At approximately 2:30 a.m. Elmore County dispatch advised that Baker was reported to be in Elmore County and had made phone calls stating he was going to provoke an incident with officers so that they would shoot him. A sergeant that had previously covered Exit 95 started to travel west on I-84 as dispatch advised that Baker was traveling eastbound in the westbound lanes of I-84. The sergeant located the vehicle and made a U-turn and deployed his emergency lights while following Baker. Baker turned his headlights on and off to acknowledge the sergeant. The sergeant testified that when he approached with his emergency lights on, Baker fled eastbound on I-84. Baker traveled between thirty-five and forty miles per hour, significantly lower than the posted speed limit of eighty miles per hour. The sergeant pursued Baker with his lights and siren on; however, Baker did not stop. Spike strips were deployed and approximately two miles after Baker's vehicle was disabled by the spike strips, he was arrested ….

State's Lodging B-4 at 1-2.

         Petitioner was charged with misdemeanor eluding a peace officer in Elmore County. He pleaded guilty to that charge and was sentenced to sixty days in jail. Id. at 2- 3.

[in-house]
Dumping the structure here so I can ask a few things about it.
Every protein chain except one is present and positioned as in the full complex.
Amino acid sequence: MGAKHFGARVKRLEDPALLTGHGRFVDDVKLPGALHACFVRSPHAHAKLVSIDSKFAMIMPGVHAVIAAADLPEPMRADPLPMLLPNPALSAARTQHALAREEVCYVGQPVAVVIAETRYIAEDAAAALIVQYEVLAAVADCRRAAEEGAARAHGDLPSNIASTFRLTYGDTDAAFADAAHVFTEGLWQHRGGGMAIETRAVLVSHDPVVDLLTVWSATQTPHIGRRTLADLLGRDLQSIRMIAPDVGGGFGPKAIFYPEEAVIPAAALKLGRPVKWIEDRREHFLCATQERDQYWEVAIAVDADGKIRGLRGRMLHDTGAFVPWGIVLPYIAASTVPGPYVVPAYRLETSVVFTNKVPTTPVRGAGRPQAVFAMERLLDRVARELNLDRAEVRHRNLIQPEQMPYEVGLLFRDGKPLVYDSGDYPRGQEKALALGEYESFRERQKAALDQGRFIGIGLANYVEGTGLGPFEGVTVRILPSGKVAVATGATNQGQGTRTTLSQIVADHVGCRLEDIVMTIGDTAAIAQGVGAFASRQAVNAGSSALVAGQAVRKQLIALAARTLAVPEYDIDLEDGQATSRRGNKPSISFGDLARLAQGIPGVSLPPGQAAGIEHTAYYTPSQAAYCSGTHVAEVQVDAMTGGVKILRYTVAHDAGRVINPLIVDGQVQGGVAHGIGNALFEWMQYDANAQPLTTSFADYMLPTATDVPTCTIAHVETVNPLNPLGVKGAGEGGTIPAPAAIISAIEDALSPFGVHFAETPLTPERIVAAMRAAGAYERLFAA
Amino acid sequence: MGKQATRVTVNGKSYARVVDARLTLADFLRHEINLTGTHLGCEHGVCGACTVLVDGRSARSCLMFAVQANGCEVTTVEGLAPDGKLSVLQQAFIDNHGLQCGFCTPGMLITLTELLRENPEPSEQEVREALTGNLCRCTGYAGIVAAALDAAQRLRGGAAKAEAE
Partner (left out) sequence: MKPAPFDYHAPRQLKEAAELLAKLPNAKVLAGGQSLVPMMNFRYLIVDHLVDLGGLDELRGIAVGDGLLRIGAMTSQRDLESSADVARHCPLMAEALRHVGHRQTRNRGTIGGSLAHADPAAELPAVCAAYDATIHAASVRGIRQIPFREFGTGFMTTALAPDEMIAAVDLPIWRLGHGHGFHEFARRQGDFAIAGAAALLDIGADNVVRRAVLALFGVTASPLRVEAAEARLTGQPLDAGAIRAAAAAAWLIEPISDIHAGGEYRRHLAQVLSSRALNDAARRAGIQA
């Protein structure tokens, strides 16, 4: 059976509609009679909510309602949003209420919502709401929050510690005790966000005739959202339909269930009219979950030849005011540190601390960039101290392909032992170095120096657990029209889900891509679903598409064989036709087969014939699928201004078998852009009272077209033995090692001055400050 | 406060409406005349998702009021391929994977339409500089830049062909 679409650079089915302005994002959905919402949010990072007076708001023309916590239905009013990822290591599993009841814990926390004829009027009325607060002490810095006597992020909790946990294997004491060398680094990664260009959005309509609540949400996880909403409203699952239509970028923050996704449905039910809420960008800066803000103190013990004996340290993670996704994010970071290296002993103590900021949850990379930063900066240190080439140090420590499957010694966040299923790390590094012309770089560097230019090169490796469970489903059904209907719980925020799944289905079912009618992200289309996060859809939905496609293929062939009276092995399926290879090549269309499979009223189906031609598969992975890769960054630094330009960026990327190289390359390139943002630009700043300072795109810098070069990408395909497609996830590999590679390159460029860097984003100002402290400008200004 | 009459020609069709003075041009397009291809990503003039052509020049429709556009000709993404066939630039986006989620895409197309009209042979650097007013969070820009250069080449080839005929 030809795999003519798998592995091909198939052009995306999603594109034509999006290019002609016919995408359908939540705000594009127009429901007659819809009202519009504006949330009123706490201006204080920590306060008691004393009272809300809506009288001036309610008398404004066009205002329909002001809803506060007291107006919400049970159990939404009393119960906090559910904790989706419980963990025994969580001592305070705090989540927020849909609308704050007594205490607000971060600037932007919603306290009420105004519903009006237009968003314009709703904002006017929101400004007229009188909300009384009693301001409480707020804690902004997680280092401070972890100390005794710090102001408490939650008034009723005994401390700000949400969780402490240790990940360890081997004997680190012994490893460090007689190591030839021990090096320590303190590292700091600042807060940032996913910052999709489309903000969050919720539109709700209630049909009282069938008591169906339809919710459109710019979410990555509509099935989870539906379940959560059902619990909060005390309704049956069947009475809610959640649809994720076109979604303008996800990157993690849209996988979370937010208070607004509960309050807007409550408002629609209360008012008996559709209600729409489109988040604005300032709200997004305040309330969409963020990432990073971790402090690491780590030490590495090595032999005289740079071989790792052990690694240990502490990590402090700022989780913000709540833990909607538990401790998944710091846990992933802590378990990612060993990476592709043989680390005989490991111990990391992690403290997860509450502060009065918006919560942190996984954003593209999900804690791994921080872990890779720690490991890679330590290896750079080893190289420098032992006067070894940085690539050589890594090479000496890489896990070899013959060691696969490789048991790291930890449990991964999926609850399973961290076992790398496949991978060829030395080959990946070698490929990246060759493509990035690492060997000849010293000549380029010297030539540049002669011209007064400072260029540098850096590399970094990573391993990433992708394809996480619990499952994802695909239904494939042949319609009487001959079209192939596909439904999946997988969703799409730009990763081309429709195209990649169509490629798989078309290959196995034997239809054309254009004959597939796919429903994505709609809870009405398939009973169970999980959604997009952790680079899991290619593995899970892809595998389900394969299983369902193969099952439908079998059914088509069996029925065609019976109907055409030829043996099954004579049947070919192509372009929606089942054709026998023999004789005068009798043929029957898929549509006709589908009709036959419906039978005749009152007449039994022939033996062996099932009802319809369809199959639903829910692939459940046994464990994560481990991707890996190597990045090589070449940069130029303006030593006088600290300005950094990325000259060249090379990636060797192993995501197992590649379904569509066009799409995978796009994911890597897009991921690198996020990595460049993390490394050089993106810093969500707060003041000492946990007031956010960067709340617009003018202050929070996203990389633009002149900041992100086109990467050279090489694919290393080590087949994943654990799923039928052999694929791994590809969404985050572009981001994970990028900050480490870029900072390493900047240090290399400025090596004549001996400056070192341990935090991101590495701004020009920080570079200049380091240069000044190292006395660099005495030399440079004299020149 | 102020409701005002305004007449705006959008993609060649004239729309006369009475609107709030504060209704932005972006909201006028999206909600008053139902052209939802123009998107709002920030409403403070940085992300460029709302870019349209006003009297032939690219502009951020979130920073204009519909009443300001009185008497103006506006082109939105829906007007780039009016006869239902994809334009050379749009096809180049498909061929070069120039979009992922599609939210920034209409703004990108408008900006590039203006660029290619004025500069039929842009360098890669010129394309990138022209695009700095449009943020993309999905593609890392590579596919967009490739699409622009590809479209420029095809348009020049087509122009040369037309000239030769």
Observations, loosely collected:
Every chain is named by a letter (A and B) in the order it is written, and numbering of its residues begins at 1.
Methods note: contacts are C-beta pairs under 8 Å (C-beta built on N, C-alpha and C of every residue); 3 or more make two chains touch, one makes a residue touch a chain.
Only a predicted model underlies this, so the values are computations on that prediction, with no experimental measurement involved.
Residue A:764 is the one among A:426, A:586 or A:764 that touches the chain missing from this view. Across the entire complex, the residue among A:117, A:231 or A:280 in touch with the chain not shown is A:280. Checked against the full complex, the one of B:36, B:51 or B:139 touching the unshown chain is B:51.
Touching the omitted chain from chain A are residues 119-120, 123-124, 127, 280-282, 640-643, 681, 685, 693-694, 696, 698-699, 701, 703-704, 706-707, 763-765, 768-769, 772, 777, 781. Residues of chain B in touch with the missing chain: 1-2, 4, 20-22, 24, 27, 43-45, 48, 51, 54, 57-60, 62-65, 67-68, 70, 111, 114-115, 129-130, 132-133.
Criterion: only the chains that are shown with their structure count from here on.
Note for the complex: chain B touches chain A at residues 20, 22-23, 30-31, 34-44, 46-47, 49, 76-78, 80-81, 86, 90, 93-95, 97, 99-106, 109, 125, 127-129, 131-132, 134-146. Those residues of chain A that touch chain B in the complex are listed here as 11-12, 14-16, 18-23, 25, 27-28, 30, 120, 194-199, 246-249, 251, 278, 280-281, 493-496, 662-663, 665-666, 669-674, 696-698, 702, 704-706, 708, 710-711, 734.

Petitioner was later charged, in Ada County, with felony eluding-the charge challenged in the instant petition. Petitioner moved to dismiss, arguing that the prosecution in Ada County violated the Double Jeopardy Clause because Petitioner had been charged with the same offense in Elmore County. The trial court denied the motion. Petitioner pleaded guilty, to both the eluding charge and a persistent violator enhancement, but he reserved the right to appeal the denial of the motion to dismiss. Petitioner was sentenced to a unified term of ten years in prison with two years fixed. Id. at 3. The Idaho Court of Appeals affirmed, and the Idaho Supreme Court denied review. Id. at 3-5; State's Lodging B-7.

         In his federal Petition, Petitioner asserts a single claim: that his felony eluding conviction in Ada County violates the Double Jeopardy Clause because Petitioner was charged and convicted of misdemeanor eluding in Elmore County. Petitioner contends that his avoidance of the police in the early morning hours of March 31, 2015, constituted “one continuing event” in which he intended “to elude police for the entire three hour time frame.” Dkt. 3 at 3-10. Therefore, Petitioner argues, he committed a single offense and could not constitutionally be convicted of two different eluding offenses.


         A federal court may grant habeas corpus relief when it determines that the petitioner “is in custody in violation of the Constitution or laws or treaties of the United States.” 28 U.S.C. § 2254(a). If the state court has adjudicated a claim on the merits, habeas relief is further limited by § 2254(d), as amended by the Anti-terrorism and Effective Death Penalty Act of 1996 (“AEDPA”). Under ...